Discovery docks with ISS following stunning RPM

by Chris Bergin

Shuttle Discovery has docked with the International Space Station (ISS), following a visually stunning Rbar Pitch Maneuver (RPM), on Flight Day 3 of STS-120.

During the RPM, ISS crew members took photography of Discovery’s belly and TPS (Thermal Protection System), to look for any issues – although so far only one slightly protruding gap filler has been spotted (on Flight Day 2).

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The RPM allows the ISS crew to perform a high resolution photo survey of the lower surface thermal protection system (TPS) tiles to screen for ascent debris damage.

The nine minute maneuver was debuted on STS-114’s Return To Flight mission, following months of planning by shuttle experts at the Johnson Space Center (JSC).

They were tasked with the limitations on crew and sensor visibility, maneuvers conducted about an unstable orbital stationkeeping position, inherently unstable attitude dynamics, thruster plume impingement on the ISS, shuttle propellant limitations, and a very tight set of lighting and geometry constraints for the inspection photography.

Last week, Clay Anderson and Yuri Malenchenko successfully completed a standard 30-min Shuttle RPM skill training exercise, ahead of the arrival of Discovery.

ISS crewmembers used their DCS-760 digital still cameras with 400 and 800mm lenses at SM windows 6 and 8 to take target imagery.

The RPM photography will allow technicians on the ground to take a detailed look at Discovery’s TPS, with only one Protruding Gap Filler at Panel 20R, showing up, following Flight Day 2’s inspections. This process of checking the RPM images will take a couple of days.

The opening RPM images have already been acquired by this site’s L2 section, showing several areas of Discovery in high resolution. No damage is obvious on the images, which include the LH2 umbilical door area. (Cropped sample of the door).

Discovery’s ‘funnies’ (issues)

Hardly any, with Discovery performing like the veteran orbiter she is. A grand total of five ‘funnies’ are listed, one of which being the ice found pre-launch – subsequently falling off at SSME (Space Shuttle Main Engine) ignition. The other related to SSME 1 – which had a LO2 Inlet Temp Erratic reading – though this did not cause any issues during ascent.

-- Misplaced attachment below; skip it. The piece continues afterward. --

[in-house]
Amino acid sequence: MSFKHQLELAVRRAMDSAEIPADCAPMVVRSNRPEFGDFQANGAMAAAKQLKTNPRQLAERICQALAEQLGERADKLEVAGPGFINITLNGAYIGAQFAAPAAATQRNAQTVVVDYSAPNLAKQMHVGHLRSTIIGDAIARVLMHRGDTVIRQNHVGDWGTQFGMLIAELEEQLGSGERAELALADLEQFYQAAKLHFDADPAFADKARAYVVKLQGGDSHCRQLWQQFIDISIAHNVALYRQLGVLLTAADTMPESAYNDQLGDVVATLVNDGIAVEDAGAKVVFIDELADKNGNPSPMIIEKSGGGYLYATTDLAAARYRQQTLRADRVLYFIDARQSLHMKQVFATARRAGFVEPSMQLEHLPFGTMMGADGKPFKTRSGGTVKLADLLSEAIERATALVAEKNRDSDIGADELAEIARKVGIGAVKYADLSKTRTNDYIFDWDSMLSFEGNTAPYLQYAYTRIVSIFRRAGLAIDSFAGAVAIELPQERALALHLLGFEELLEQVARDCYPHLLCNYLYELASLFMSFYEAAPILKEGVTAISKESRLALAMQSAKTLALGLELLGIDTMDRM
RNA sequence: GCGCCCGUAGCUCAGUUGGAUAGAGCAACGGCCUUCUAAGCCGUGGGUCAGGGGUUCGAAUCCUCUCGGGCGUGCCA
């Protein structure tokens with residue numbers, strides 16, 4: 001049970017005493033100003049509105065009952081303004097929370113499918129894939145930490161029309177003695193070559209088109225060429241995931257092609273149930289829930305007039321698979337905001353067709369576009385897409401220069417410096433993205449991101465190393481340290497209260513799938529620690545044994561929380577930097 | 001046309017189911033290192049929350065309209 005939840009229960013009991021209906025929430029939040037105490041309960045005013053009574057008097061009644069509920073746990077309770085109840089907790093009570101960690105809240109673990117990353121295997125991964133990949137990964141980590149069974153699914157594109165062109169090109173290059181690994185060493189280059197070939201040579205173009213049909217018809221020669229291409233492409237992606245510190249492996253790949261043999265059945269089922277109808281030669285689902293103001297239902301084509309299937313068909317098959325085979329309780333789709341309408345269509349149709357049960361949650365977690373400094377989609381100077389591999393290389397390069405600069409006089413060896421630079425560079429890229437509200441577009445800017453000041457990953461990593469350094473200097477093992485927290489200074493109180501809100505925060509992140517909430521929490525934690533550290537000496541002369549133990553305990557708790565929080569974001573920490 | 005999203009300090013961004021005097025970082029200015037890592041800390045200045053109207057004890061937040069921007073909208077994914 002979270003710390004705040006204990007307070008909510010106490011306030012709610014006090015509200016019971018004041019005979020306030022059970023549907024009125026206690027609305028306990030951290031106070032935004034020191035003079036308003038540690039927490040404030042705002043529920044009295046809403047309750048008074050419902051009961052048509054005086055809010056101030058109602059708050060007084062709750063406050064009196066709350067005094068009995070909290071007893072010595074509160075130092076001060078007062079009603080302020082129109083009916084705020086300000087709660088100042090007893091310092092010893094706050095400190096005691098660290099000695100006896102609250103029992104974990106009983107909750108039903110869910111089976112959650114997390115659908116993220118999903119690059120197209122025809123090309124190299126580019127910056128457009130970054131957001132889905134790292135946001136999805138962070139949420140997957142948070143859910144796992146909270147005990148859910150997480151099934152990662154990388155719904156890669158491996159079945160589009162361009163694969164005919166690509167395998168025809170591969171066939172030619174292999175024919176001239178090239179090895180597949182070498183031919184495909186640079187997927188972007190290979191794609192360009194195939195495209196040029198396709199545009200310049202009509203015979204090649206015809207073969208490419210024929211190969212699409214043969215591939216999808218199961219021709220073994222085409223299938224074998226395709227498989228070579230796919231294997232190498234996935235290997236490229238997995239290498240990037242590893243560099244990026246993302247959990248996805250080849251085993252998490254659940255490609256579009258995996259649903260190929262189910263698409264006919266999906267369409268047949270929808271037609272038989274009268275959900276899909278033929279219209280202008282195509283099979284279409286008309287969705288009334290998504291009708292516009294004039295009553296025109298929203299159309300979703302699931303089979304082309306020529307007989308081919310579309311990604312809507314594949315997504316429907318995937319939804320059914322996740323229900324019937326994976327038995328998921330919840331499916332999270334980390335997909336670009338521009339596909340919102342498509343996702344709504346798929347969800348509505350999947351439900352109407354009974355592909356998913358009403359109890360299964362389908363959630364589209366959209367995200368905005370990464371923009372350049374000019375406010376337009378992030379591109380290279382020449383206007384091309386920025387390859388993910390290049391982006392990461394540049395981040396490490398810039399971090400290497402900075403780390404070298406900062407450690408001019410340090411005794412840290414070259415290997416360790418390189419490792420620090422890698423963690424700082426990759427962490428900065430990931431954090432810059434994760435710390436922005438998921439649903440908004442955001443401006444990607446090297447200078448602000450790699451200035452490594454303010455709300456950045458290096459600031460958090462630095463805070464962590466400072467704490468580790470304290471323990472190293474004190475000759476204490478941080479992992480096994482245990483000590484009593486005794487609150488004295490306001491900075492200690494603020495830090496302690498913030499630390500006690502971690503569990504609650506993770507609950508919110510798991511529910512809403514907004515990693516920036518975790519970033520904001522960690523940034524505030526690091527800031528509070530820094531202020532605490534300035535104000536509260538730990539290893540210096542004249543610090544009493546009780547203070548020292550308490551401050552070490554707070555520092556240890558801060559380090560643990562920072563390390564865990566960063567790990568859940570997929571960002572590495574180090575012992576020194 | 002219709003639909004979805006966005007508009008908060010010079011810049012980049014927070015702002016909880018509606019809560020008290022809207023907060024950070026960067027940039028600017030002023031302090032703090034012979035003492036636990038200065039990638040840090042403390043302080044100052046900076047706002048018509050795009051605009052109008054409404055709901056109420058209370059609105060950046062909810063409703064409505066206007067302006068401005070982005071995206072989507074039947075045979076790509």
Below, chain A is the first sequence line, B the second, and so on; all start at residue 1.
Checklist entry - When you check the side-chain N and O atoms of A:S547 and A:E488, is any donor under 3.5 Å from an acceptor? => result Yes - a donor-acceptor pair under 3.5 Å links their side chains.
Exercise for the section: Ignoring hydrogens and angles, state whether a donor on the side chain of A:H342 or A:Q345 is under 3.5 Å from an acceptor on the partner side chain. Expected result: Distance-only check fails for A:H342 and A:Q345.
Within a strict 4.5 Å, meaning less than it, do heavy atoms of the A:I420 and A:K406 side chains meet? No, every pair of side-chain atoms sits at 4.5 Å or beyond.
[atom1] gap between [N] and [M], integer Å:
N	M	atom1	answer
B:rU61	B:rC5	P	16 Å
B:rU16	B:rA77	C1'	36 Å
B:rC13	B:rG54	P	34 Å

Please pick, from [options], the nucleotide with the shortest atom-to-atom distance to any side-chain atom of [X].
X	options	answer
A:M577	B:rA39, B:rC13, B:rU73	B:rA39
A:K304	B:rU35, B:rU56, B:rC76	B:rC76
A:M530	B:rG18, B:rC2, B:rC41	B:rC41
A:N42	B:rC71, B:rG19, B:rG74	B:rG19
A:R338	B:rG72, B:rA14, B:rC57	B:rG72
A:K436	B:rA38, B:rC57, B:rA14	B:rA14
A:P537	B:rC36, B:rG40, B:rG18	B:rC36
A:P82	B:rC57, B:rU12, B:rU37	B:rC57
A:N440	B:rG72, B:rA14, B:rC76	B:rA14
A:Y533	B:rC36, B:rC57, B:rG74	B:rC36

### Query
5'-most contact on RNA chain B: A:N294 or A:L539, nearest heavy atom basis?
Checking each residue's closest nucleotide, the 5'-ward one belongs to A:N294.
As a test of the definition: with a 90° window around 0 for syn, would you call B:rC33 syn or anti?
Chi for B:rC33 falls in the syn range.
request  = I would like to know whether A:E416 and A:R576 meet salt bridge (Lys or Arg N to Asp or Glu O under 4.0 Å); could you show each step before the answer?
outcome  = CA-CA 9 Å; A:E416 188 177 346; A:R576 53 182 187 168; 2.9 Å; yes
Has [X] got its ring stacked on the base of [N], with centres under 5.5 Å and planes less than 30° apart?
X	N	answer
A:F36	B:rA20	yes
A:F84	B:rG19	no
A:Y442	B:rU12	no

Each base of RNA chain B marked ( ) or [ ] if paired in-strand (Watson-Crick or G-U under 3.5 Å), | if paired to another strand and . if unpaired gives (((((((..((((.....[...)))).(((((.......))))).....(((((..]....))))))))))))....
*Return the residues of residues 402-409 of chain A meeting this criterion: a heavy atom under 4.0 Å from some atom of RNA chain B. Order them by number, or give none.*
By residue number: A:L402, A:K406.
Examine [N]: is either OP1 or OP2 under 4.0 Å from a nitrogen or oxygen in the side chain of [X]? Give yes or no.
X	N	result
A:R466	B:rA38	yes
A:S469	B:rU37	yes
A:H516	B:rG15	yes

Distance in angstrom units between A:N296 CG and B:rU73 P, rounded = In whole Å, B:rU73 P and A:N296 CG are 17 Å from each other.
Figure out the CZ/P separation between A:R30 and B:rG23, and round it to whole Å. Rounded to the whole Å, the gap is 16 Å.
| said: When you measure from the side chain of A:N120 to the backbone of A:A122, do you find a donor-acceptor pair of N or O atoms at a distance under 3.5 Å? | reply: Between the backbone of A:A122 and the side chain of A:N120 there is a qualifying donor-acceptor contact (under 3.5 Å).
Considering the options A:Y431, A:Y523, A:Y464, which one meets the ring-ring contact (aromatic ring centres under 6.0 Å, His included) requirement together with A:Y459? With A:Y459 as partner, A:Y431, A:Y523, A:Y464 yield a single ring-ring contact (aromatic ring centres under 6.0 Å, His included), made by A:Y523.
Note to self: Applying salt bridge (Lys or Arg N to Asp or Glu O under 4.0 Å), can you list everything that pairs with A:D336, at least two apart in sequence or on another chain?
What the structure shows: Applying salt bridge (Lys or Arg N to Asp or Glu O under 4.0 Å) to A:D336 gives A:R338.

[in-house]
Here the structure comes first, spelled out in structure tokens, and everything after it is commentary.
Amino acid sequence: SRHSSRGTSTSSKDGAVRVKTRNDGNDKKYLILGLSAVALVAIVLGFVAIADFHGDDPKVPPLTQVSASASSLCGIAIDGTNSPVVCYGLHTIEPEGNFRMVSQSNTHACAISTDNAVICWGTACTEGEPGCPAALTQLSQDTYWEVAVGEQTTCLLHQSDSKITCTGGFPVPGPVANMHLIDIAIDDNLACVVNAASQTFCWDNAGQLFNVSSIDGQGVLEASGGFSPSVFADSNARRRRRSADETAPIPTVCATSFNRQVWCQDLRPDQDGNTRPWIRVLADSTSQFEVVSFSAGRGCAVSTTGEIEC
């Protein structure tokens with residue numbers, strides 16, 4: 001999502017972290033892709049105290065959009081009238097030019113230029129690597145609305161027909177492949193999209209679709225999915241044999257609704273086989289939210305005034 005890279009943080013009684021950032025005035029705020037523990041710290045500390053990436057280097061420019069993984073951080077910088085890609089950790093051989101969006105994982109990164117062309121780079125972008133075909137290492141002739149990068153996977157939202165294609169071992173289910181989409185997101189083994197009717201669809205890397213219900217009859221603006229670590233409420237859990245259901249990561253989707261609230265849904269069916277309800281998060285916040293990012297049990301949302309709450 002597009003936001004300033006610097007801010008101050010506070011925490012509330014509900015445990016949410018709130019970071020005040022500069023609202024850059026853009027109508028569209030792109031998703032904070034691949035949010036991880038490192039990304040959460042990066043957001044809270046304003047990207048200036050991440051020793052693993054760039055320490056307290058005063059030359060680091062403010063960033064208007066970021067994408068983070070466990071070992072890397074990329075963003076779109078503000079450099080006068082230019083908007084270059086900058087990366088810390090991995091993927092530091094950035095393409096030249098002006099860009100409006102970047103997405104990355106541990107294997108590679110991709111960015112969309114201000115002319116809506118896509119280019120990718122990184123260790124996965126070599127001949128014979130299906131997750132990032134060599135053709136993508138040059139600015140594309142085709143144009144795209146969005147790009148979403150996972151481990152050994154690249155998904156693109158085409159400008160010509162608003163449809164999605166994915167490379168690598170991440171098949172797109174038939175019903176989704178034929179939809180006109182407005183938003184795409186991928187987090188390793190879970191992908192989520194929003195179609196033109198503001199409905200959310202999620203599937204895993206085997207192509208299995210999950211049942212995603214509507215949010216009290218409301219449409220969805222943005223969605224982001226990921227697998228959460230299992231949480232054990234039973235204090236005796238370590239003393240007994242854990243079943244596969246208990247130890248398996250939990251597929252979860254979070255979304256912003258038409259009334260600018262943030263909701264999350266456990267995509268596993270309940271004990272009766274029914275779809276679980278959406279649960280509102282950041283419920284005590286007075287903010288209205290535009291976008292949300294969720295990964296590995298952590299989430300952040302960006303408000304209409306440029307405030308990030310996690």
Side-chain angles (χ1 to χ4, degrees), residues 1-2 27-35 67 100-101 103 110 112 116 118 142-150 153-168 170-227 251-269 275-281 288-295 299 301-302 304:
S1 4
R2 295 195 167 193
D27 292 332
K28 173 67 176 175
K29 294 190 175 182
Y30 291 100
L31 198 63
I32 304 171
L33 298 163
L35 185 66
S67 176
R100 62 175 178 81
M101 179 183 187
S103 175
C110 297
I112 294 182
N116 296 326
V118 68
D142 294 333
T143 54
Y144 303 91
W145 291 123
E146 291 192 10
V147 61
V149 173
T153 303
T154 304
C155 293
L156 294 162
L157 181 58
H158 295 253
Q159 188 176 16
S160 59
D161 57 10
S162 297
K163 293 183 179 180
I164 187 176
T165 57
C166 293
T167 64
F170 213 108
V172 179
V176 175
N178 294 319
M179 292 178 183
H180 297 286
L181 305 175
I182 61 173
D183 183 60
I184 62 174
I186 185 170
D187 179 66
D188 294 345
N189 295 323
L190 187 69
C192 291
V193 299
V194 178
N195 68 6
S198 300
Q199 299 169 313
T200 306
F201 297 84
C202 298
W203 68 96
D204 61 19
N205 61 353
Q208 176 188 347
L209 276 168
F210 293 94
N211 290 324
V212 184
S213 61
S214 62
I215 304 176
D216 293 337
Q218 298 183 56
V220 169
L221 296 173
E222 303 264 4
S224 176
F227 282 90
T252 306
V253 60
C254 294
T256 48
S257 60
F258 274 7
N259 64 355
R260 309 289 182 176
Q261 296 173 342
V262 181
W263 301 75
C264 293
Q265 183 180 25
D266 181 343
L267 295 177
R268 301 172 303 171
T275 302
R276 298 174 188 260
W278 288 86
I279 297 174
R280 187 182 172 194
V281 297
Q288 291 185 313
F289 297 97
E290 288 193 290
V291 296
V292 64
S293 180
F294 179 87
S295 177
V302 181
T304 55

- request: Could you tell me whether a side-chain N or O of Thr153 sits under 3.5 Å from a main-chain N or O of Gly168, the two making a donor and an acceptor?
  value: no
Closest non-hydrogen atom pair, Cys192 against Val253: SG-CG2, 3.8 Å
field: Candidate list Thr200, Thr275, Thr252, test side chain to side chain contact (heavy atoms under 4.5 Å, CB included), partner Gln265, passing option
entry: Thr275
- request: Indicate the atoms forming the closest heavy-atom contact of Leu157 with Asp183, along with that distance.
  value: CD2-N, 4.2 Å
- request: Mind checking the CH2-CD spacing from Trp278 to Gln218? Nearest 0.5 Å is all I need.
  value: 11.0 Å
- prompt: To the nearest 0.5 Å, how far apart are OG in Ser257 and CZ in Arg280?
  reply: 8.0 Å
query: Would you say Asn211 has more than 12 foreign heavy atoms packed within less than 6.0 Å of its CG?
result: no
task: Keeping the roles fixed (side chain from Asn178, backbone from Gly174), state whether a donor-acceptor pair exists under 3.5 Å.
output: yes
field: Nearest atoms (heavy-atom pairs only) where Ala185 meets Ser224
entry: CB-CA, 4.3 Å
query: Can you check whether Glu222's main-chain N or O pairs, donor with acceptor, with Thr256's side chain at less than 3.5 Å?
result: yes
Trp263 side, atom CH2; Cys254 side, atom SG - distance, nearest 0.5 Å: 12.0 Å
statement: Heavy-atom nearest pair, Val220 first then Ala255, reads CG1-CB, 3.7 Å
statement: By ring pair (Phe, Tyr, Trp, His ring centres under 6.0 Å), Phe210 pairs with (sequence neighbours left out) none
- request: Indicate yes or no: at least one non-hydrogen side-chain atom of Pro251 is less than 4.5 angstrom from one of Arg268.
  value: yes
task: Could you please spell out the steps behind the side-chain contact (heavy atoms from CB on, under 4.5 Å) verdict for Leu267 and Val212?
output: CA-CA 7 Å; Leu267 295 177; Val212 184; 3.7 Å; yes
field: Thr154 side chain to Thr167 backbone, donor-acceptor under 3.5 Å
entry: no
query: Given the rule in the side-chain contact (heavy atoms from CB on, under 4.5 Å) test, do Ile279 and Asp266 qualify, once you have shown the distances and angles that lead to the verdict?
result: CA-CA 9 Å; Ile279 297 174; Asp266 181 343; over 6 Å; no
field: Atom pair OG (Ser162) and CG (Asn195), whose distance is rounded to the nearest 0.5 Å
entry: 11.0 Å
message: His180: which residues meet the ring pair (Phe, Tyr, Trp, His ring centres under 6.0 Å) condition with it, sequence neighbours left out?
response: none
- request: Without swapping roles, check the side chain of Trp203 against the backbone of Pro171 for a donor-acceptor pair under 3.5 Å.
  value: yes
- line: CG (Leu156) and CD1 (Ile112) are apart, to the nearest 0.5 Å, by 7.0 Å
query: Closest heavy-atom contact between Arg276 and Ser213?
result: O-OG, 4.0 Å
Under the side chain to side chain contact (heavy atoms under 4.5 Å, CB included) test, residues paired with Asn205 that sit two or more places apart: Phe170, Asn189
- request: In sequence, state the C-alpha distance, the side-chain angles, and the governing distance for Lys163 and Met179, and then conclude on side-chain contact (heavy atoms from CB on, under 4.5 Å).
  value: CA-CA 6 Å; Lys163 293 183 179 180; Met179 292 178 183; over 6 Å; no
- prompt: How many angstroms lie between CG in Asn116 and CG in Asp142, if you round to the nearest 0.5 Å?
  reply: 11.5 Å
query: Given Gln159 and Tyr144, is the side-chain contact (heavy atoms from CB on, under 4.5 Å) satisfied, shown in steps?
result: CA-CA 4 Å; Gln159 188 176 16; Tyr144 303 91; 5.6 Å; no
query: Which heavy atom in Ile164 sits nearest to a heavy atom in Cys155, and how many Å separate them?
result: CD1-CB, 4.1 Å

The other three issues relate to a laptop connection issue, a slight blip with the Star Tracker and a positional error that was noted with the OBSS (Orbiter Boom Sensor System) grapple position, none of which are a problem for the mission.

‘WIS GFE Laptop Local Timeouts. MER-04 RMS OBSS Grapple Position Delta from Expected. Y Star Tracker Transient BITE,’ noted the Mission Management Team (MMT) overview for the mission thus far. ‘All other systems operating nominally.’

‘When the OBSS was grappled by the SRMS the POR position was different than expected: Y delta – 3 inches. Z delta – 1 inch. Note: OBSS Grapple position was nominal for last flight of OV-103,’ added another MMT presentation.

‘Potential Causes: MPM deploy – Mech reports deploy was nominal. Arm S/N 202 Joint biases – Joint angles were nominal when SRMS was cradled. IBA S/N 203 (first flight) – EFGF on forward transition could be cause. Thermal deflections – being discussed.

‘Impacts: only impacts OBSS ops. OBSS Sensor team assessing impact to TPS inspection coverage.’

Also noted by the MMT are the latest readings from the sensors on Discovery’s wing leading edges, which have only registered two minor readings – during ascent – both well below any cause for a closer evaluation at this stage.

Debris/Foam Loss Update:

As revealed by this site on Wednesday, the main foam loss wasn’t mentioned at the post MMT press briefing, but is internally classed as the biggest foam loss event during the ascent of Discovery on Tuesday.

Information points to the foam ‘popcorning’ off the LO2 Ice Frost Ramp (IFR) at the top of the tank, rather than liberating in one piece. There is no information that points to it then hitting the orbiter.

ET TPS Loss IFR 593: Missing TPS was noted at IFR 593. Preliminary assessment by ET is heavy popcorning or erosion/recession,’ noted NASA information.

Interestingly, images of ET-120 in the Vehicle Assembly Building (VAB) show the foam in question to have a white patch at the top of the IFR. All the other IFRs suffered no foam loss.

Further evaluations are taking place on the images of the IFR, although that is believed to be related to checking ET-125 – which was recently mated in the VAB ahead of December’s STS-122.

L2 members: All documentation and quotes – from which the above article has quoted snippets – is available in full in the related L2 sections, updated live.

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